Three things Uber's CEO needs to do to get back on track

Can the controversial taxi app move on from its past mistakes?

by Simon Hayward
Last Updated: 12 Oct 2017

It’s been a tough time for Dara Khosrowshahi since he was appointed CEO of Uber in August. Things don’t look set to improve anytime soon with reports that Uber’s northern European manager Jo Bertram has now quit, just weeks after London's transport regulator refused to renew the controversial taxi app's licence.  

Khosrowshahi is facing a reality check, something that all CEOs and leaders will do, often more than once in their careers. Admitting when you’re wrong is a sign of strength and something I have learned to be invaluable in business. There’s three key things that Dara Khosrowshahi needs to do to turn this around - here’s where he needs to start: 

Get real and say sorry

Khosrowshahi has outlined his key challenges in his open letter to Londoners. He recognises that Uber needs to change but has not openly apologised for the actions that have brought the company to this point. By admitting mistakes, reaching out to Londoners, and inviting them to work in partnership with Uber, Khosrowshahi could be heralding a new era of transparency, customer-centricity, and collaboration.

However, these words now need to be followed up with immediate and meaningful action if Uber is to succeed. It’s possible Khosrowshahi could become a genuine role model for the values of humility, integrity and passion which he articulates, but the proof of the pudding as they always say, is in the eating. Uber was already facing scrutiny. Following recent events, that scrutiny is only set to intensify.

Admit when you've got it wrong and make a u-turn

It seems that many of Uber’s issues are cultural. At the heart of the culture challenge is trust. Trust between colleagues, between senior executives and colleagues, between customers and companies, between society and companies. When trust breaks down, the fundamentals of business are broken. Amorality can creep in. Businesses succeed when there is a reasonable level of trust between parties. When trust is absent, customers and colleagues are unhappy, the reputation of the business is damaged, and ultimately its ability to grow and prosper is held back.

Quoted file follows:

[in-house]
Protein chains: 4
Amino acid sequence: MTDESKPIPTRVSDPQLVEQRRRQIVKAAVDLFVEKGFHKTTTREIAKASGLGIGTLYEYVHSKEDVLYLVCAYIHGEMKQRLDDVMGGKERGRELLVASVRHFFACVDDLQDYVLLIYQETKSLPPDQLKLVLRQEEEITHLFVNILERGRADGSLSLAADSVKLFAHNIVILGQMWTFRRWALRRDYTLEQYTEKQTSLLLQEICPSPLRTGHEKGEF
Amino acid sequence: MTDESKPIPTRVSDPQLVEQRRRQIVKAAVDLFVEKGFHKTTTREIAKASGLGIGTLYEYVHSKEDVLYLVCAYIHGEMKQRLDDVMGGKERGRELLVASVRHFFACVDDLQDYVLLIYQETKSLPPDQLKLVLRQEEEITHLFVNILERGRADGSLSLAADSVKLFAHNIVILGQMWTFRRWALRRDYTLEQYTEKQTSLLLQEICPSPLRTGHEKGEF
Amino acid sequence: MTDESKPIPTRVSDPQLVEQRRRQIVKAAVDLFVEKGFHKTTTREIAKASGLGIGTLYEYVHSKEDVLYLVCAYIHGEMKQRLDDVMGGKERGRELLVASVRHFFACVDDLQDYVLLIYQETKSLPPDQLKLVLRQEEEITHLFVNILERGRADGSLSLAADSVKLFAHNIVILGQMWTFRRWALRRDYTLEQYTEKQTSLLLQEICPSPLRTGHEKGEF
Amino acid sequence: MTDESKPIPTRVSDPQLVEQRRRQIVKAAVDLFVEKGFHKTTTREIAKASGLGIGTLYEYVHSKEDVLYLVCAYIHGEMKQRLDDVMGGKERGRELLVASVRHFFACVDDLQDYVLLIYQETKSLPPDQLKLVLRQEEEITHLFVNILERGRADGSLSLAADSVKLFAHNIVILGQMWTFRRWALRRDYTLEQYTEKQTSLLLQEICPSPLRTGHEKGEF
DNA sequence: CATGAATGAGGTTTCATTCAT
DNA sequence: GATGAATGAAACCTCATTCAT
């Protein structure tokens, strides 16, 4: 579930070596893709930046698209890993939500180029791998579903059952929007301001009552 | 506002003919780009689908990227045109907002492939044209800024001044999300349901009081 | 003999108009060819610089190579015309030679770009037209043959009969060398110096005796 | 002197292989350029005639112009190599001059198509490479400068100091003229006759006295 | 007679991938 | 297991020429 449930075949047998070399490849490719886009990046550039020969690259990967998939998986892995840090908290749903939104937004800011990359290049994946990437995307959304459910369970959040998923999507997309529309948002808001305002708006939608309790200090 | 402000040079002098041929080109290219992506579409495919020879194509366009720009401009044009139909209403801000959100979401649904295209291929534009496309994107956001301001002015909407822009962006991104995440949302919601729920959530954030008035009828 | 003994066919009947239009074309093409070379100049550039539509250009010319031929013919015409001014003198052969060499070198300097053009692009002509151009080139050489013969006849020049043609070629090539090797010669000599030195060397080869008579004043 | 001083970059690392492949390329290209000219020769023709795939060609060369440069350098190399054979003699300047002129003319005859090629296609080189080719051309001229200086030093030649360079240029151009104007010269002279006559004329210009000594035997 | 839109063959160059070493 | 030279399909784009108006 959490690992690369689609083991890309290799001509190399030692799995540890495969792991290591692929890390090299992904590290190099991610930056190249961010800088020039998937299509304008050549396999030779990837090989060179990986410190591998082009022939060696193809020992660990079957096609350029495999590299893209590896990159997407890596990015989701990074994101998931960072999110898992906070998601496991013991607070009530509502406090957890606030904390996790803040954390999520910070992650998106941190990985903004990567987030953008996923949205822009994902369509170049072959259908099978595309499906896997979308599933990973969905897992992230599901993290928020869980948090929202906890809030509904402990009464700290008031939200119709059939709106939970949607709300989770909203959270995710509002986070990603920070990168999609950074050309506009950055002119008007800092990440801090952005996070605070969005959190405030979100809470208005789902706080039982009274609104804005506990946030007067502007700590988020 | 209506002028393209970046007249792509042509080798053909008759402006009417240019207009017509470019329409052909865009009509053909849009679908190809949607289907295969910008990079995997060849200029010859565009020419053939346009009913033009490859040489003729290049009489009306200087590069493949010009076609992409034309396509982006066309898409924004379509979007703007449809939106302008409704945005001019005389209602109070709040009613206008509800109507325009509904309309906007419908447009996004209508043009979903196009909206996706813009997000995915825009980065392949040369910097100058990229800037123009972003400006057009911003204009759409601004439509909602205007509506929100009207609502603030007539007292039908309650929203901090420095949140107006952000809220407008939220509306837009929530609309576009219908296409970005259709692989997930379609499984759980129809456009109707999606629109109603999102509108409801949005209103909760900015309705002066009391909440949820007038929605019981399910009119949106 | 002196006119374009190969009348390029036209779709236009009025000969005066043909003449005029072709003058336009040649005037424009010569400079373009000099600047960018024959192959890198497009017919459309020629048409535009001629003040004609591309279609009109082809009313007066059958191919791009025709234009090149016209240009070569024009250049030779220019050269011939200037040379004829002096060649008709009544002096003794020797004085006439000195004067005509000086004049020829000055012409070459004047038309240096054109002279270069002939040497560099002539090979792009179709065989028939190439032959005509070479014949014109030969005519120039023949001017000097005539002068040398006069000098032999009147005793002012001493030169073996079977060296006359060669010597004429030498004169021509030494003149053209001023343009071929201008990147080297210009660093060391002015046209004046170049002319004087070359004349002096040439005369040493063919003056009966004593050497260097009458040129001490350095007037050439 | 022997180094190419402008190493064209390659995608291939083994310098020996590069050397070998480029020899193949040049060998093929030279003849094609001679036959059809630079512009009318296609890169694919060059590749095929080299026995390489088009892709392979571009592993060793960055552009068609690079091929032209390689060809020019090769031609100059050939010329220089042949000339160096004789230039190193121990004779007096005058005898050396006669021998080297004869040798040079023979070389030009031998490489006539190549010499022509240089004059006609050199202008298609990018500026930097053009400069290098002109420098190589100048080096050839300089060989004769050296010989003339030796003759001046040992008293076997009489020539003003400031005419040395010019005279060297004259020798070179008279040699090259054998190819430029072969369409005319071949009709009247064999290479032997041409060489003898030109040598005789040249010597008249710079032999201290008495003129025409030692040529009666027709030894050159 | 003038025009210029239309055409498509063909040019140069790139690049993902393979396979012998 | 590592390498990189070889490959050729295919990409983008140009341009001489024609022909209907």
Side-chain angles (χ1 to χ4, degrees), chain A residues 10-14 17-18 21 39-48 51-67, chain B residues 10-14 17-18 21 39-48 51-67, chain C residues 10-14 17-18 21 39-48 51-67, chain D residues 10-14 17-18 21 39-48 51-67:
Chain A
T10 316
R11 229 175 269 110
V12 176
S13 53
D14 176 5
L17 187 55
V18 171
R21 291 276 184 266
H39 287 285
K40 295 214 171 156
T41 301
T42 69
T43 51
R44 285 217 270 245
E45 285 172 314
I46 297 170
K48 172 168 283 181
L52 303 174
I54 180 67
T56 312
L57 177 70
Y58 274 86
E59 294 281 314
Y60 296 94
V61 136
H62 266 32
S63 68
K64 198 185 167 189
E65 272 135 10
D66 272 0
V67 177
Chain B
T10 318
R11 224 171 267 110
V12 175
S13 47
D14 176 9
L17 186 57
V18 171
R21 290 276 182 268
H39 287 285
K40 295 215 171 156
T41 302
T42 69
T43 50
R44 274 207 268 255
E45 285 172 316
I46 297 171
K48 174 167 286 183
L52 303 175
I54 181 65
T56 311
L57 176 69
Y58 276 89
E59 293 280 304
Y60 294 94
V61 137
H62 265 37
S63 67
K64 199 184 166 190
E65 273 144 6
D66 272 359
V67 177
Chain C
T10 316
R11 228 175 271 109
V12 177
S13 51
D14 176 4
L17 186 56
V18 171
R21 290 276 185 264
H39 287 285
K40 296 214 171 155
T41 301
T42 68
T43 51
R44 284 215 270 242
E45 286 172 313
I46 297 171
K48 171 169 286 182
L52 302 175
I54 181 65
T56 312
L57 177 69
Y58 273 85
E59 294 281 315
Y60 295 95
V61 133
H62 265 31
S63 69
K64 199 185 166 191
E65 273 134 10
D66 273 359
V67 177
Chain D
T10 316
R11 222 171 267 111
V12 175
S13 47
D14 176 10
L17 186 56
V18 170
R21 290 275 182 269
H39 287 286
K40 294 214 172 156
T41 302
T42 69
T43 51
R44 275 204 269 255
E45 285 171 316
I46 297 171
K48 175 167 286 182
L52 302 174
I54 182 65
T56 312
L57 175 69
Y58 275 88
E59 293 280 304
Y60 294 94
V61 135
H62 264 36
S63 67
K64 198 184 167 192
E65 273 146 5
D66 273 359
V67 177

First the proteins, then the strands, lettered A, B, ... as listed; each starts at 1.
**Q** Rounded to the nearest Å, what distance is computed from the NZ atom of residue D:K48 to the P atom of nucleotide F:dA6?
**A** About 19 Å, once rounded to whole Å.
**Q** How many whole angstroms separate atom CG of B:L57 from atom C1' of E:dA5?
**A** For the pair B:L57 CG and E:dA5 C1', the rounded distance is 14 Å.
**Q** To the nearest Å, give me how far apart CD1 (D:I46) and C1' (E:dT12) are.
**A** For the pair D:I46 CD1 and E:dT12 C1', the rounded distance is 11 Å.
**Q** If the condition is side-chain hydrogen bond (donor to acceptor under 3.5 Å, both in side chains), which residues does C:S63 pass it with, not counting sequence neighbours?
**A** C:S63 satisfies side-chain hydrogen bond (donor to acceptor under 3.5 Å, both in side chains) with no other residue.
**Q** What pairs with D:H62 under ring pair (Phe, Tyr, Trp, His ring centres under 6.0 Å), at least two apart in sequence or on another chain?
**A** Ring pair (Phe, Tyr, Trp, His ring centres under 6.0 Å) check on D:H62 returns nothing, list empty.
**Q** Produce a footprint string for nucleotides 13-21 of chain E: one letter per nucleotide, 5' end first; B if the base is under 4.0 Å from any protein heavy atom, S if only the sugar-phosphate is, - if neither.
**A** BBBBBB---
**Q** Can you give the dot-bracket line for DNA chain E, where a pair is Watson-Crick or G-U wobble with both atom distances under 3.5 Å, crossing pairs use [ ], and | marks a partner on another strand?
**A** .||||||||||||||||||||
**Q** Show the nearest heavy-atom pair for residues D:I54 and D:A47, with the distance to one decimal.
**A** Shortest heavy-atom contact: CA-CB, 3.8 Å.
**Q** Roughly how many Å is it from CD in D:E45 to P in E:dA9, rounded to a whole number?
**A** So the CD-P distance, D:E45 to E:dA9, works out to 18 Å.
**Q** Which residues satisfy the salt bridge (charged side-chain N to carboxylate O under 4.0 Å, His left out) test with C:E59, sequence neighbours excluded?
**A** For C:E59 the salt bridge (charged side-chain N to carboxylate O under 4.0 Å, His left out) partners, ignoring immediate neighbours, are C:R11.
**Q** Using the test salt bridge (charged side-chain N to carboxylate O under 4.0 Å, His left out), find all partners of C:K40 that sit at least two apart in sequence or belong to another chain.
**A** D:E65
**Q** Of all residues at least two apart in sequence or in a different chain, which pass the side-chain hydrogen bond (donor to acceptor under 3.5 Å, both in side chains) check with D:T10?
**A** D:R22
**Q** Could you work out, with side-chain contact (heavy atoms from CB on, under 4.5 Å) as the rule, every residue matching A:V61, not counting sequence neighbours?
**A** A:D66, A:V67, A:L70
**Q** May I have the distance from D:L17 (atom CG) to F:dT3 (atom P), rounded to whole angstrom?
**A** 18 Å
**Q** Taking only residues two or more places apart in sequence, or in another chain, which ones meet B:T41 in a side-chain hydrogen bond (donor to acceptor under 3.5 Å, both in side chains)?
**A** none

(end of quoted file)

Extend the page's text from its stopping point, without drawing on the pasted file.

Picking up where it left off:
Khosrowshahi and Uber need to rebuild trust, place positive values at the heart of the business, and create more meaningful connections between the organisation, colleagues, and customers.

Be transparent and listen to the people who matter most

Leaders build this trust through being open, honest, and transparent. More and more, the public expects that leaders will be role models for positive values. In the wake of corporate scandals and economic turmoil, we have witnessed a breakdown of trust in business leaders.

With so much of the world’s media intent on demonising Uber and the company’s practices, the public’s opinion has been influenced and perhaps changed for good. As a society we have become more demanding, and there is an expectation that poor behaviour should not be tolerated, especially from businesses who rely so heavily on custom from everyday users of its product, both as riders and drivers.

It’s time for Uber to change, and change drastically, if it’s set to survive into the next decade, given that it is already banned in France, Spain and Belgium. I for one will be watching with great interest to see how Khosrowshahi handles this one and just hope he chooses to turn the mirror on the company and make changes for good.

Dr Simon Hayward is CEO of international leadership consultancy Cirrus

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